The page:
Adaptation in Natural and Artificial Systems
From the introduction to a book that was my companion for some years: Adaptation in Natural and Artificial Systems by John H. Holland.
How does evolution produce increasing fit organisms in environments which are highly uncertain for individual organisms?
What kinds of economic plan can upgrade an economy's performance in spite of the fact that relevant economic data and utility measures must be obtained as the economy develops?
How does an organism use its experience to modify its behavior in beneficial ways (i.e. how does it learn or "adapt under sensory guidance")?
How can computers be programmed so that problem-solving capabilities are built up by specifying "what is to be done" rather than "how to do it"?
What control procedures can improve the efficiency of an ongoing process, when details of changing component interactions must be compiled and used concurrently?
Though these questions come from very different areas, it is striking how much they have in common. Each involves a problem of optimization made difficult by substantial complexity and uncertainty. The complexity makes discovery of the optimum a long, perhaps never-to-be-completed task, so the best among tested options must be exploited at every step. At the same time, the uncertainties must be reduced rapidly, so that knowledge of available options increase rapidly. More succinctly, information must be exploited as acquired so that performance improves apace. Problems with these characteristics are even more pervasive than the questions above would indicate. They occur at critical points in fields as diverse as evolution, ecology psychology, economic planning, control, artificial intelligence, computational mathematics, sampling, and inference.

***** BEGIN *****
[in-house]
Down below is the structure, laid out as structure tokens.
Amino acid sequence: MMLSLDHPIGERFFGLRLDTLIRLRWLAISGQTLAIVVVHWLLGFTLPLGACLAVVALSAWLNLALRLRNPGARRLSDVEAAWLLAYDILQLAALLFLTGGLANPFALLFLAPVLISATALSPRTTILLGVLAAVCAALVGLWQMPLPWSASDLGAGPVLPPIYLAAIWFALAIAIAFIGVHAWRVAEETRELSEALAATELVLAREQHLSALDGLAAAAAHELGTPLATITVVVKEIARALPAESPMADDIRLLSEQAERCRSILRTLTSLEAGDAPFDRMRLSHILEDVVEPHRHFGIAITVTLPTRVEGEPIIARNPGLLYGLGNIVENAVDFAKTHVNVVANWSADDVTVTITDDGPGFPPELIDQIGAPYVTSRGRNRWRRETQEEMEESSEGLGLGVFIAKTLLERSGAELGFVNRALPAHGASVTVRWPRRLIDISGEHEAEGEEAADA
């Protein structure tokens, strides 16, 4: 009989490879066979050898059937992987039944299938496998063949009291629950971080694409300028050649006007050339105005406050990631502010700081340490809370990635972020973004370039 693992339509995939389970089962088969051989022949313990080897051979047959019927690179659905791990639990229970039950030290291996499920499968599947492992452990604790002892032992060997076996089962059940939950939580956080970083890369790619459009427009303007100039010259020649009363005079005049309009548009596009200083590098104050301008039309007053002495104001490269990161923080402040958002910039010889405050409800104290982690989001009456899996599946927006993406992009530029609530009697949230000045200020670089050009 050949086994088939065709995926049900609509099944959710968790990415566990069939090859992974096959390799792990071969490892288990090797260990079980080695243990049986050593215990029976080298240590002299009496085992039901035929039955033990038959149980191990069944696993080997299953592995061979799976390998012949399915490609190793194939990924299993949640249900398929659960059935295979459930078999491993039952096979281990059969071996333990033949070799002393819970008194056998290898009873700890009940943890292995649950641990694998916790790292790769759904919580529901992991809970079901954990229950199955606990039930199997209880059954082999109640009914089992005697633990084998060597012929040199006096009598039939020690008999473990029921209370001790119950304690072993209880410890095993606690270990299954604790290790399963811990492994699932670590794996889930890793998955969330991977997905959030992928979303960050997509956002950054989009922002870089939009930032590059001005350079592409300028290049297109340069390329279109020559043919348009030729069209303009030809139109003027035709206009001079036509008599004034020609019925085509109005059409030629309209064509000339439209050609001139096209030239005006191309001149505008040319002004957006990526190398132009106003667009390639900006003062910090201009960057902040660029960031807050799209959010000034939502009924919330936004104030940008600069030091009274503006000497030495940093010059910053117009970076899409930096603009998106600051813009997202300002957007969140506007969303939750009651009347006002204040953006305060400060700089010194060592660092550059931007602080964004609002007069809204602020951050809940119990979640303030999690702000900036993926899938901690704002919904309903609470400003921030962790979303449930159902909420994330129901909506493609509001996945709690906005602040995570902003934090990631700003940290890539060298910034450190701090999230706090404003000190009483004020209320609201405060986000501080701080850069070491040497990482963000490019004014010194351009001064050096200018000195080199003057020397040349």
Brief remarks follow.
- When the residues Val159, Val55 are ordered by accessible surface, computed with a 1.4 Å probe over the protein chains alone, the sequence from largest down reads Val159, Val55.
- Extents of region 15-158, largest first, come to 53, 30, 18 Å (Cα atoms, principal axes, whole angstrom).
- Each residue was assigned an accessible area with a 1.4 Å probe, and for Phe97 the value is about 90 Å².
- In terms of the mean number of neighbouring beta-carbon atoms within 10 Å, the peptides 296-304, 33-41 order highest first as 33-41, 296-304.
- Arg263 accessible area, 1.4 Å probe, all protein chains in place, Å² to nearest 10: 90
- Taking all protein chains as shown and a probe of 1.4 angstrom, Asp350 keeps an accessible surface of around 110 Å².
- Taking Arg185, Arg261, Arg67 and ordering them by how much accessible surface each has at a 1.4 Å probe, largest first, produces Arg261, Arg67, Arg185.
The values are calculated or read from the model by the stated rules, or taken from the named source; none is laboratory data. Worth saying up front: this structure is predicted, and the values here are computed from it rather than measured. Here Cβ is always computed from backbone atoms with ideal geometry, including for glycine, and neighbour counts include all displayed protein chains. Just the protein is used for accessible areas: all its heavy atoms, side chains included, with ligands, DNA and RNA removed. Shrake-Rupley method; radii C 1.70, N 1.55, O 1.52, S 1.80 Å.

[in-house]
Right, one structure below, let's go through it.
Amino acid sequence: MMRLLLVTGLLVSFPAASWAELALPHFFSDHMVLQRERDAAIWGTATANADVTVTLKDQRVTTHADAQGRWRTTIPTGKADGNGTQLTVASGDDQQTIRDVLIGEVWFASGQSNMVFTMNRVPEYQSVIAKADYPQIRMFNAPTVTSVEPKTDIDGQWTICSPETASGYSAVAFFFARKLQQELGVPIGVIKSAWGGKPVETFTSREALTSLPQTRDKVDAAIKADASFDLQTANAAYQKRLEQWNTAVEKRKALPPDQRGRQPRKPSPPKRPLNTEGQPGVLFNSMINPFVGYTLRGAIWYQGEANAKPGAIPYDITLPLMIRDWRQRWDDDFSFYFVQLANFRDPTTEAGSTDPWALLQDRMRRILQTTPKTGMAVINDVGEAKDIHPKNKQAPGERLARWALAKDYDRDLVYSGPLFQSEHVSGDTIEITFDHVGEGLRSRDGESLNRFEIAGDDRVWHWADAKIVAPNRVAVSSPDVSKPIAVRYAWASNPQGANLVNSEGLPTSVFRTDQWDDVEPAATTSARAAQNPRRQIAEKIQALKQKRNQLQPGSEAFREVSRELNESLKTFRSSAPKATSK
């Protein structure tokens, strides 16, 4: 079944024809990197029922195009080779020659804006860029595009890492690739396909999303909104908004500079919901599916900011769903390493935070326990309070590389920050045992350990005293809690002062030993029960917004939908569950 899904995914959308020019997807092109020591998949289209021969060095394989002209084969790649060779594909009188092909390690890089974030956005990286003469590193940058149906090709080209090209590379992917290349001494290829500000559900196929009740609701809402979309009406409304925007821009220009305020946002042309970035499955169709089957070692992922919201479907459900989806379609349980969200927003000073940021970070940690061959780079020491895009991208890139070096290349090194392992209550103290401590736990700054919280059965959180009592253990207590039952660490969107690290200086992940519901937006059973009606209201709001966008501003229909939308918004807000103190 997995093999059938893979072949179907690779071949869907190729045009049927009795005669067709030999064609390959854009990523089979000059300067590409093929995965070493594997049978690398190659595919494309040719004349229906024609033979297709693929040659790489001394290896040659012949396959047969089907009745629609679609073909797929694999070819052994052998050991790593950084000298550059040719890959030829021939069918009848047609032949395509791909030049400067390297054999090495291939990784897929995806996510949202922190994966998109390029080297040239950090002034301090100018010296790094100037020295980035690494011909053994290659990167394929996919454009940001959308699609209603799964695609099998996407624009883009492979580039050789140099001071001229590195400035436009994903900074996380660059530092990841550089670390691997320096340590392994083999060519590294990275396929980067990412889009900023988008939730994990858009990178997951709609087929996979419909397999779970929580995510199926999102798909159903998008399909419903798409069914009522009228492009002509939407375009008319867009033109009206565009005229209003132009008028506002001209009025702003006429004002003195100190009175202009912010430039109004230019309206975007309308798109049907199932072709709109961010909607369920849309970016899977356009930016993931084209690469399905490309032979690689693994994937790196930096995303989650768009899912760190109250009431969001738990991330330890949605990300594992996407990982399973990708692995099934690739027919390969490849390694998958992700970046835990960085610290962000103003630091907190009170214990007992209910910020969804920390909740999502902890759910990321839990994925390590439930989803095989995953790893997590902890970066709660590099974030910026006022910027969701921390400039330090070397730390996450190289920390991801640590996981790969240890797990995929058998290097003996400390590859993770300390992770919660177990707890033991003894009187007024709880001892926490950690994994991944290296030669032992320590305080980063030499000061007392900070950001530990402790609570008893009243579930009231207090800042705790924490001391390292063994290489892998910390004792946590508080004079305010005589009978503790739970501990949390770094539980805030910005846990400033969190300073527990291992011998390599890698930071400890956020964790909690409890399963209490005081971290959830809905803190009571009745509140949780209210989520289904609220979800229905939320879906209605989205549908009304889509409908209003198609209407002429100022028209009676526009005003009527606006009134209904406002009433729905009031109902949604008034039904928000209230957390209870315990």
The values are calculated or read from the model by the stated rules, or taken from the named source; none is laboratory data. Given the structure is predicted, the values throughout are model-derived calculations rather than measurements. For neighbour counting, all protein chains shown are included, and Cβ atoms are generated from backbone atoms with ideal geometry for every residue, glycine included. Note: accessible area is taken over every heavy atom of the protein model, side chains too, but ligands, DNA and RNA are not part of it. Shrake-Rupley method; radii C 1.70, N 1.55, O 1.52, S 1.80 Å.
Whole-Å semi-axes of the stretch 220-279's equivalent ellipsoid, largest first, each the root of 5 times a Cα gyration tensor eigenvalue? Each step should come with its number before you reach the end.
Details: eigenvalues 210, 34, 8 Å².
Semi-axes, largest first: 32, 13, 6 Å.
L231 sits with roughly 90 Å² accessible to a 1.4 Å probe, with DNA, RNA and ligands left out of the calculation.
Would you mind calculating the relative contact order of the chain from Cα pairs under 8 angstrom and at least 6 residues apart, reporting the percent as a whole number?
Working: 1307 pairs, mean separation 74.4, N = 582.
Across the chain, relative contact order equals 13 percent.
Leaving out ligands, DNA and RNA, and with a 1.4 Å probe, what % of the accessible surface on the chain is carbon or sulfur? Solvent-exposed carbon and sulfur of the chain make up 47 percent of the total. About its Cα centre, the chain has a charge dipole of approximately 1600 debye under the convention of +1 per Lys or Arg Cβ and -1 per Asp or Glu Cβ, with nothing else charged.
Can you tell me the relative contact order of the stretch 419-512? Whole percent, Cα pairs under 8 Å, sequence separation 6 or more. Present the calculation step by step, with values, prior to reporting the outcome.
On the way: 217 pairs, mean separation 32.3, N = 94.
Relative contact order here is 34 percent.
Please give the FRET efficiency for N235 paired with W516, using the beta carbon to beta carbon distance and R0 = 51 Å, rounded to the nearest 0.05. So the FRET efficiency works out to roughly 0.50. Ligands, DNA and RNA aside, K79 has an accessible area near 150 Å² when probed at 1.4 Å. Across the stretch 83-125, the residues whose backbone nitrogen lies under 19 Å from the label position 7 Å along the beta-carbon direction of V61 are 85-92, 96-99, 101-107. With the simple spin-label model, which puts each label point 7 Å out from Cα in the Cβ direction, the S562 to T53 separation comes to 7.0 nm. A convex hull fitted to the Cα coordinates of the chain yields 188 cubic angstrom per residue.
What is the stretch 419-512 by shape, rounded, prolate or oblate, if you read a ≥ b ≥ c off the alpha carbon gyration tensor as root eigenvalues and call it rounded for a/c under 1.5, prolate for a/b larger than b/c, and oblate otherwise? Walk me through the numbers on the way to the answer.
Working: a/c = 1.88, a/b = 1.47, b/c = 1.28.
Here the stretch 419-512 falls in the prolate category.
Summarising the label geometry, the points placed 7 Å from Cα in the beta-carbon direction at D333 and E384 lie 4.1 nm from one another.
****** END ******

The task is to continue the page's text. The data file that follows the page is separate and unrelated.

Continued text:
The subject of this post is nothing so lofty as those listed above. Rather, it is just the very worldly subject of prostitution in Hong Kong. This is an example of adaptability. There is a Chinese saying: 道高一尺, 魔高一丈, which means that when the forces of good goes up one foot, the forces of evil will figure out a way to go up by ten feet. Thus, it is always a game of cat-and-mouse between the police and the lawbreakers. Every time that the police develops a new tactic, the lawbreakers will figure yet another way to go around it and so on. This is the story of two competing systems adapting to each other in a changing environment.